One caveat of course is that the game maker might make an unsellable game. But saleability of a work is closely related to accessibility (ease and want to experience the work) of a work. It is not uncommon to view a medium as a method of communication between artist and audience. If the work is inaccessible, then the communication between artist and audience is severed, and at that point, the work of the artist becomes self-indulgent. This isn't necessarily bad, it just means that the work is not meant to be shared with others and thus a relationship with a publisher is inappropriate.

But if the artist genuinely wishes to open a dialog with the audience, then for sure that artist will make all attempts to increase the accessibility of the work, including making it easy and desirable to experience. Because there is a close relationship between accessibility and saleability, then of course the artist will make something that is marketable. And if the artist can do it on his/her own terms, then the final work will be the best he/she can make it. Thus in the end, the publisher ends up with an excellent work to market, the game maker makes the game he/she truly wanted to make, and the audience/consumer is given an awesome game to play. Everybody wins!

I think it is this point that differentiates Sony from the rest of the publishers out there.

How is programming for the PS3? Has it been difficult rebuilding the game from PC to the console?
Technically speaking it's been relatively easy. There were several parts in my code that I had to change because it wasn't being very nice to the PS3. One of the harder parts was porting the gameplay from regular 4:3 format to 16:9 widescreen format. This was not as trivial as adding more enemies because that would completely upset the gameplay balance. In the end I think I've devised a few simple tweaks so that playing in 16:9 and 4:3 is nearly an identical experience.

Is partnering with Sony something you'd consider again in the future?
If they continue to give me the freedom and space to do my thing then absolutely.

How does the superstar status of becoming a published game developer feel? What's the future of Jon Mak?
Superstar status!? Ha! Uhh, it feels tiring? Putting out a game is a lot of work and so the future of Jon Mak is a pillow, a bed, and lots of sleep.

Finally, did Sony ever give you that PS3 they said they would?
They did! And a PSP with Loco Roco too! So I had to violate my no-game diet for a day, but I dunno, it's hard for me to play games right now since it makes me feel guilty for not working on ES. I really just want to finish the game already. Oh, and I got the 60 GB model, which is actually the one I wanted.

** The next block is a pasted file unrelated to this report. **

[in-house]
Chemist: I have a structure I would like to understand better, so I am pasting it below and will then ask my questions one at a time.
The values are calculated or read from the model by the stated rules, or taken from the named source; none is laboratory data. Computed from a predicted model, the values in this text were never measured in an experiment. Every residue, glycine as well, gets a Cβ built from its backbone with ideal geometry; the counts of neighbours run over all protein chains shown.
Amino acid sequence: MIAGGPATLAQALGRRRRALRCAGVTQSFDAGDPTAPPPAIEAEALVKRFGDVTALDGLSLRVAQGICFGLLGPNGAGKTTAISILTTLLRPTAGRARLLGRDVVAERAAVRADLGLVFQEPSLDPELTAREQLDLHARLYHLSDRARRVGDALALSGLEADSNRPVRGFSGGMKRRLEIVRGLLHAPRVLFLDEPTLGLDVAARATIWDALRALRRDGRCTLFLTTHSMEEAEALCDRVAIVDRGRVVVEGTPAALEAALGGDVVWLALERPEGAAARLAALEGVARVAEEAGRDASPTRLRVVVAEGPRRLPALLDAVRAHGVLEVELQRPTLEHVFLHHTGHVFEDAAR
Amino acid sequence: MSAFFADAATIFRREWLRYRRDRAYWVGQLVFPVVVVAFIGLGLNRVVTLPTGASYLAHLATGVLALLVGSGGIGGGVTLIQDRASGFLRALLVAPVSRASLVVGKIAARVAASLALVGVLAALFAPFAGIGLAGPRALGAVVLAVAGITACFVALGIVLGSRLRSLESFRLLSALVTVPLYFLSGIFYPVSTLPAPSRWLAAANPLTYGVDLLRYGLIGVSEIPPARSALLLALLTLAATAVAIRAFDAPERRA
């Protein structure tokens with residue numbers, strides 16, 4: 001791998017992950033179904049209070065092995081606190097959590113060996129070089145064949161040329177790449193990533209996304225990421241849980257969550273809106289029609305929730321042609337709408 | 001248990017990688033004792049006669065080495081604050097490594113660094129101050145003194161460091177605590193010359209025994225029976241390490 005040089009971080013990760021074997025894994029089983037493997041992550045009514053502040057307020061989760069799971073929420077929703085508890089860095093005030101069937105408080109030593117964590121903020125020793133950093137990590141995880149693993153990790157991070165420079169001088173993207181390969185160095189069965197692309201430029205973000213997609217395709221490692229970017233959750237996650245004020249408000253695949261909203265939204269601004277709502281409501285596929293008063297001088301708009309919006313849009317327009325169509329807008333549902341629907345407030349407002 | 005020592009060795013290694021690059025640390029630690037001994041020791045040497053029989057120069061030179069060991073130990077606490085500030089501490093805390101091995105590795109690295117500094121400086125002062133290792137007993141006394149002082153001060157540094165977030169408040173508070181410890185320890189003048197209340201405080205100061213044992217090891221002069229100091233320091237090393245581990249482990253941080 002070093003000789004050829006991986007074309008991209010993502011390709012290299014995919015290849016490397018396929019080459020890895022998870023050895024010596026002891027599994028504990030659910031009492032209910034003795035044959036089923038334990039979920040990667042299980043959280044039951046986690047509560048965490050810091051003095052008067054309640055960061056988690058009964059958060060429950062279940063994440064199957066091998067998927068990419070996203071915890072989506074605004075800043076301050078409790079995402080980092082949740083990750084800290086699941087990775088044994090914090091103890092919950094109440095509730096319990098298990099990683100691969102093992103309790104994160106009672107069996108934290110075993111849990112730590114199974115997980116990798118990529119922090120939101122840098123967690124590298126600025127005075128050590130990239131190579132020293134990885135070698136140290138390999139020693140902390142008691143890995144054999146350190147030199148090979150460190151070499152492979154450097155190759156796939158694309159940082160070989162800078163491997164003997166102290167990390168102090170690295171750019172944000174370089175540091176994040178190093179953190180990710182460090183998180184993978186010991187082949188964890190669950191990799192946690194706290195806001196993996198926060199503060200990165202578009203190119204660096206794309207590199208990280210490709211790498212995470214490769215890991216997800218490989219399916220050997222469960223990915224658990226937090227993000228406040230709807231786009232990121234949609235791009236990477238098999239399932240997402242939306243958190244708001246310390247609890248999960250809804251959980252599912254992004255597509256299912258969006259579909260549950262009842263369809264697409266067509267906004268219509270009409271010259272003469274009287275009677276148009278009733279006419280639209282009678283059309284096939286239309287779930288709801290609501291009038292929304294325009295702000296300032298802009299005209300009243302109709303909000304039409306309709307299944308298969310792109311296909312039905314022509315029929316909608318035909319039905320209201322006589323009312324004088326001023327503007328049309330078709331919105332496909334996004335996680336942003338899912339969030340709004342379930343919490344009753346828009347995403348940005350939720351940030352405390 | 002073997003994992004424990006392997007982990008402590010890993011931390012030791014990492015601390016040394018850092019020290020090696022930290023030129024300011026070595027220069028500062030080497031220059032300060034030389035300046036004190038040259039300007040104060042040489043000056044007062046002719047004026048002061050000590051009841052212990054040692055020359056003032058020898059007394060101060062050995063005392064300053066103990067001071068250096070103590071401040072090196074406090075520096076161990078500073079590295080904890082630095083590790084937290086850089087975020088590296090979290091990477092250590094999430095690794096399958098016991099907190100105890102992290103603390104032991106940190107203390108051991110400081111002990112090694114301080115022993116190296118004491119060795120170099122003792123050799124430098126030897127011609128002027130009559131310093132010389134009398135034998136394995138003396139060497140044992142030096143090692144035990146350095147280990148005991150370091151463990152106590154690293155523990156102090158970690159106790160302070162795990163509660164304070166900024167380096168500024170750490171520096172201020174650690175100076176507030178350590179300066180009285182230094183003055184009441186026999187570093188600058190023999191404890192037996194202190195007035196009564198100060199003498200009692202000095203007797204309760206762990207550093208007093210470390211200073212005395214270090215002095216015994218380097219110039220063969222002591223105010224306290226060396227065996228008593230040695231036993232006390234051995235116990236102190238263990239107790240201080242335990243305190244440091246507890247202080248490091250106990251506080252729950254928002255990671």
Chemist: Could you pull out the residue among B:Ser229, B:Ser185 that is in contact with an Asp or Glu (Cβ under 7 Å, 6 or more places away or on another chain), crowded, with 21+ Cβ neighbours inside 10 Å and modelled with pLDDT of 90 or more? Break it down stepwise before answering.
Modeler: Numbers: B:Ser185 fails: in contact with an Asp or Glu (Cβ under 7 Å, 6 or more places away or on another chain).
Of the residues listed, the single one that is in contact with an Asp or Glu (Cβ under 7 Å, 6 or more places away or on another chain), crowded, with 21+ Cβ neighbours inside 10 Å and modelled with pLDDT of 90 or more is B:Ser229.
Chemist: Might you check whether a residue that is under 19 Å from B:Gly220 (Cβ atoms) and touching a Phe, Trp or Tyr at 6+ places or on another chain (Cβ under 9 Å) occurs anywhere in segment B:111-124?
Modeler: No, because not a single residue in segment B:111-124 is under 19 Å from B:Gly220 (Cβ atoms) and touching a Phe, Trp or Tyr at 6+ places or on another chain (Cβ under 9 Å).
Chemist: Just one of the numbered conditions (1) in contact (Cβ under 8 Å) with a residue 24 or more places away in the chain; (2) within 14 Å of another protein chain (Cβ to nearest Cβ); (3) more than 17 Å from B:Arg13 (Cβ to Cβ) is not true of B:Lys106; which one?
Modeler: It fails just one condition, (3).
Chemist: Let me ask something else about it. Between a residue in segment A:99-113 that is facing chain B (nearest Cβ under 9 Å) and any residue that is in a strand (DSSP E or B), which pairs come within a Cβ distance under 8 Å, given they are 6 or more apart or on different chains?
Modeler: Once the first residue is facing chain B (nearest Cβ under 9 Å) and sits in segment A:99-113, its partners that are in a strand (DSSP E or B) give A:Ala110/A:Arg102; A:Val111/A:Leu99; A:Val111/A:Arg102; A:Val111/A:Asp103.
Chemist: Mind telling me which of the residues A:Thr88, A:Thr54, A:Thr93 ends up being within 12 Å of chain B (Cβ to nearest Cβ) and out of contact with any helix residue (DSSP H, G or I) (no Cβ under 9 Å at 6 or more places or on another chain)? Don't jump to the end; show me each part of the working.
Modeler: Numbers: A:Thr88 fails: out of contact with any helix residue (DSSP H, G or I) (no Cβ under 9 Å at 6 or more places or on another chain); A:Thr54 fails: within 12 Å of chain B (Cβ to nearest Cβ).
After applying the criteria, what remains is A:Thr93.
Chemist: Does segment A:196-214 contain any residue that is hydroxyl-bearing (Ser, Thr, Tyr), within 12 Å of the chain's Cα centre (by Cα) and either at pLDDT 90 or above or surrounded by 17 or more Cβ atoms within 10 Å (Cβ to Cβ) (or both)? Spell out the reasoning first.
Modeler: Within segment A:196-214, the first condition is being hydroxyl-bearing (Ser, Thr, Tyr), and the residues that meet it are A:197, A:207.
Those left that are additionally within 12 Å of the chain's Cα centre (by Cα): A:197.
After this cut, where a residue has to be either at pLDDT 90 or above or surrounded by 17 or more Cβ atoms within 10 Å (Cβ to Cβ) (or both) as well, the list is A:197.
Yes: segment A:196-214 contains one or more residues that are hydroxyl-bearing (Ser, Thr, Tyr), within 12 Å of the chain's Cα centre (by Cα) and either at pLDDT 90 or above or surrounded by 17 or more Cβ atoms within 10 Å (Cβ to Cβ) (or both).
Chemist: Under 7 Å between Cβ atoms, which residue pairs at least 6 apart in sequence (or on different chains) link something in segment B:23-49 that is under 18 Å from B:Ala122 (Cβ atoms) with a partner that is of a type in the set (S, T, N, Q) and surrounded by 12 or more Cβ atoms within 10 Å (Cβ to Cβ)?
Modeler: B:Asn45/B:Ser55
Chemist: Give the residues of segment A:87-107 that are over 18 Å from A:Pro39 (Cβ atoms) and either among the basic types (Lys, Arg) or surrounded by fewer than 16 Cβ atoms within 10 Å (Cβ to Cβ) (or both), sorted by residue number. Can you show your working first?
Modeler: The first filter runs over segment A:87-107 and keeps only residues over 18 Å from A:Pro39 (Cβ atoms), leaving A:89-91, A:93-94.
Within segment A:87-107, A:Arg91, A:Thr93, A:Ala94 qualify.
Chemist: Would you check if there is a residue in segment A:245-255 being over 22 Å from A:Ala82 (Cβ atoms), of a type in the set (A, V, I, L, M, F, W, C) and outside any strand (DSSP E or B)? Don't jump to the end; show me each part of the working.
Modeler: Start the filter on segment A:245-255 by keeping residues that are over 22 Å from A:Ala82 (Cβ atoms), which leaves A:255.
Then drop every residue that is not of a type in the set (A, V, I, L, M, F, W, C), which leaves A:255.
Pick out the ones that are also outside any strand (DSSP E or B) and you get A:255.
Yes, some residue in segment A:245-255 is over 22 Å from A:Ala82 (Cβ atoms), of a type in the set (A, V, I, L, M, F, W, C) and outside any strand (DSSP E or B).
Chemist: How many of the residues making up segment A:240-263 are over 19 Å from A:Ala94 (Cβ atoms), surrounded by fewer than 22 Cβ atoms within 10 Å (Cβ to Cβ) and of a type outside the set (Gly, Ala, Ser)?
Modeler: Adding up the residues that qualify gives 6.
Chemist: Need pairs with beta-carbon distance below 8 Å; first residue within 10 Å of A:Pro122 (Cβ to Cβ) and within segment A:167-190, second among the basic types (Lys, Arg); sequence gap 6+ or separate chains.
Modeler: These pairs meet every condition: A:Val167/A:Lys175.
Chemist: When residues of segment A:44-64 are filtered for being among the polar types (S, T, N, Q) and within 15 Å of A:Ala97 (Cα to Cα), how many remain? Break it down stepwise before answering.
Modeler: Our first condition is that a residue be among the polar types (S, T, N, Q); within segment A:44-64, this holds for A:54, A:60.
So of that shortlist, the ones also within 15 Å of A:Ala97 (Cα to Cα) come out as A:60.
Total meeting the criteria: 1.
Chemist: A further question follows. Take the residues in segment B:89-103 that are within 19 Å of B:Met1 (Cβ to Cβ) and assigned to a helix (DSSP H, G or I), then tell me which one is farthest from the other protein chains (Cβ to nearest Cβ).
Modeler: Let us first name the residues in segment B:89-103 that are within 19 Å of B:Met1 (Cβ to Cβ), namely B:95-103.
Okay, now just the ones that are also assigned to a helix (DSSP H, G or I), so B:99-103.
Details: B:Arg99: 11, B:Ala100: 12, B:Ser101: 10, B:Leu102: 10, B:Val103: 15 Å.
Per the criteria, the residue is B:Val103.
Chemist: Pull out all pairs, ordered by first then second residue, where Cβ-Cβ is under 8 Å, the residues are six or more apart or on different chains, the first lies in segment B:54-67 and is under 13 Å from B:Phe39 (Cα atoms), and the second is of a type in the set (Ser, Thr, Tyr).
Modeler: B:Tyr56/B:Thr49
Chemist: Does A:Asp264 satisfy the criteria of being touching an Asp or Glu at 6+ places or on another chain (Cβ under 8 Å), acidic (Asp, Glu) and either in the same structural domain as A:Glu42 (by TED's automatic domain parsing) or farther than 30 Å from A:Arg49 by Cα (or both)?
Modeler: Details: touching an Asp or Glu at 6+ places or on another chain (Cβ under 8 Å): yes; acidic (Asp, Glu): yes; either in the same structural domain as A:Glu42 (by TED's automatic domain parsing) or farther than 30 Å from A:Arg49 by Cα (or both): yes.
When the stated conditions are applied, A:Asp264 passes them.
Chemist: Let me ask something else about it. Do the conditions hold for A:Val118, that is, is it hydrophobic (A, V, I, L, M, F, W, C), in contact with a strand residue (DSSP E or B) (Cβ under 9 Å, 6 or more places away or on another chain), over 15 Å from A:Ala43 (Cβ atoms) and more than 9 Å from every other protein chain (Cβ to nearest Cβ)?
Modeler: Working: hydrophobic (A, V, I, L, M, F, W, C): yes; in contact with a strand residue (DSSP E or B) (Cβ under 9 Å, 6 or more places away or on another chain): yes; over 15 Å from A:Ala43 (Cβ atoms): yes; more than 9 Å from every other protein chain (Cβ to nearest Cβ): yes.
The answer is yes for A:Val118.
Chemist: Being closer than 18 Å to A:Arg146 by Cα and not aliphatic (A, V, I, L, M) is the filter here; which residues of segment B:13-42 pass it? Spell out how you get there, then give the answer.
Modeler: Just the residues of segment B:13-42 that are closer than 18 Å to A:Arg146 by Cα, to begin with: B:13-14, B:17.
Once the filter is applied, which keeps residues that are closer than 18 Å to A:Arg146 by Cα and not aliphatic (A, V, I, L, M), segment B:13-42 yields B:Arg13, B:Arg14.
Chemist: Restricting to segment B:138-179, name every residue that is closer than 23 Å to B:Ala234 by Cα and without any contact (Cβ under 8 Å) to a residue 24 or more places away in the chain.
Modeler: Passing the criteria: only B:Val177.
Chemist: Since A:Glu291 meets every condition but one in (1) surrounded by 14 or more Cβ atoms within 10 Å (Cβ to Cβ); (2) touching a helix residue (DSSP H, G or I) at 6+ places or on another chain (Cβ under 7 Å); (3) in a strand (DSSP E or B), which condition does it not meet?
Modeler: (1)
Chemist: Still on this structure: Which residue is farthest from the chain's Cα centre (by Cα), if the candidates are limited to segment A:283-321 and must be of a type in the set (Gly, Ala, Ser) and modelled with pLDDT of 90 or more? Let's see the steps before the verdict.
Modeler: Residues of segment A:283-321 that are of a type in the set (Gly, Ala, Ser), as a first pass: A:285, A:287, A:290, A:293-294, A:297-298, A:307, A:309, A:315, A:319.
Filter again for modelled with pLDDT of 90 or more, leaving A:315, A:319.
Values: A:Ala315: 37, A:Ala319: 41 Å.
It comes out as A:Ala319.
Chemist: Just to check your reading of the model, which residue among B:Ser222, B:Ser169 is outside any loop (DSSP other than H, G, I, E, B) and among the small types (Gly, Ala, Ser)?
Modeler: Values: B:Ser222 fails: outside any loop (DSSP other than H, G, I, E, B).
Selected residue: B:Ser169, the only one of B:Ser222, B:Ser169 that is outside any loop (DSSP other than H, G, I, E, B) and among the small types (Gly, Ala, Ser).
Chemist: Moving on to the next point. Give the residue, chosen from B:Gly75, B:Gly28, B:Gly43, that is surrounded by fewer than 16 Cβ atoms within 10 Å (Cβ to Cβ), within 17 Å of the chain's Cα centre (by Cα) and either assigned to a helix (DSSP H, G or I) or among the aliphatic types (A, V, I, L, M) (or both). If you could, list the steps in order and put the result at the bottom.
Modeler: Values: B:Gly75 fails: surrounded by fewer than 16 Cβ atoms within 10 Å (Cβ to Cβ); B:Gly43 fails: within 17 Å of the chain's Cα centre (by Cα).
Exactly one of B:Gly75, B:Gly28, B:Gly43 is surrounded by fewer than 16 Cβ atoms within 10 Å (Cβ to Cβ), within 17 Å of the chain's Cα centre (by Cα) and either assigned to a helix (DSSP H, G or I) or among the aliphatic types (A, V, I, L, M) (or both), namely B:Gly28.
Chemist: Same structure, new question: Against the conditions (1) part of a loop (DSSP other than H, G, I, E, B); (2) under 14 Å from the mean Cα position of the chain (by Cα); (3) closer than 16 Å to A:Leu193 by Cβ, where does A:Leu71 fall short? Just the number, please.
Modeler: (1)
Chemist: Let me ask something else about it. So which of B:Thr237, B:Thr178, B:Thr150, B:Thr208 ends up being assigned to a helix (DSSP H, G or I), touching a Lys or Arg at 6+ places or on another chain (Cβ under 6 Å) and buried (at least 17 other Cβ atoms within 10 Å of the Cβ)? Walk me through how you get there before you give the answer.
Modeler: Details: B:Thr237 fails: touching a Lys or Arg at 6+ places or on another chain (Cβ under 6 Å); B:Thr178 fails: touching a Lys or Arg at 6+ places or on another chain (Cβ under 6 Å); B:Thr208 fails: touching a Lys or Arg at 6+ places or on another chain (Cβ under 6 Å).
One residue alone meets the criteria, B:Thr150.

Is there a set release window for Everyday Shooter yet?
Not sure, but at E3 we kept saying late summer early fall. I'm working as hard as I can!

We want to thank Jon Mak for taking the time out of his schedule to speak with us. Keep your eyes peeled for Everyday Shooter: you don't want to miss this one when it comes out on the PSN later this year.

Gallery: Everyday Shooter

Related Headlines

Reader Comments

(Page 1)

1. Sweet game, can't wait for it :)
Thanks for the interview.

Posted at 6:04PM on Jul 30th 2007 by Darkdrium777

2. It's so pretty.

Posted at 6:24PM on Jul 30th 2007 by craig

3. oh man i'm definately buyiing this game for sure, i love trippy visual games.

Posted at 6:34PM on Jul 30th 2007 by philmcneal

4. man, I love playing my guitar. And I love playing games. When I saw the gameplay vids for this game, I went to heaven. Can't wait. And hopefully he makes more stuff on the PS3!!

Posted at 6:53PM on Jul 30th 2007 by CrashSharc

5. Ok, what is wrong with this picture:

1. It is a JPEG picture. JPEG is great for photographic material, but for pictures like this with sharp lines, artifacts are visible. Even at first glance, it makes it look kind of ‘flaky’. It is better to use PNG or GIF here.
2. The quotes are ugly "-quotes, using the real quotes “ and ” would be so much better.
3. The text is not anti-aliased, which doesn’t look very good either.

If you change those three things, the picture should look a lot nicer :).


Posted at 6:41AM on Jul 31st 2007 by Laurens Holst

6. I downloaded the demo of this game and couldn't stand it, terrible graphics, poor game play and just all around a game I wouldn't want to play more than once. In fact, after I played it the one time, I deleted t.
So, what am I missing? I've seen others with a similar sentiment about this game, but I just don't get it. Obviously, I'm missing something, because I just didn't think this game was worth the time I spent on the download, much less worth any sort of money. Help me understand this.

Posted at 10:42AM on Jul 31st 2007 by scooterge558

7. With all the buzz surrounding this game... I really am interested to see how this game turns out. The E3 trailer didn't really provide me with an in-depth look at how the game actually works...

@#6 scooterge558: Where did you download the playable demo from???

Posted at 5:15PM on Jul 31st 2007 by never$$hort

8. There's no download available that I know of, so yeah, how did you play it? Are you sure you didn't download a different game by mistake and think it was this one?

Posted at 7:12AM on Aug 1st 2007 by Paul Eres

9. Scooterge558 is right!
The non-existent demo for the game is terrible!

Posted at 12:23PM on Aug 2nd 2007 by RohoMech

Add your comments

Please keep your comments relevant to this blog entry. Email addresses are never displayed, but they are required to confirm your comments.

When you enter your name and email address, you'll be sent a link to confirm your comment, and a password. To leave another comment, just use that password.

To create a live link, simply type the URL (including http://) or email address and we will make it a live link for you. You can put up to 3 URLs in your comments. Line breaks and paragraphs are automatically converted — no need to use


New Users

Current Users


Win the Ultimate Halo 3 setup from Xbox 360 Fanboy!!!Check out the PlayStation Fancast podcast!PS3 Fanboy interviews Everyday Shooter's Jon Mak


Contests and Giveaways (14)
Community (74)
Galleries (34)
Guides (3)
Hands-on (14)
Interviews (216)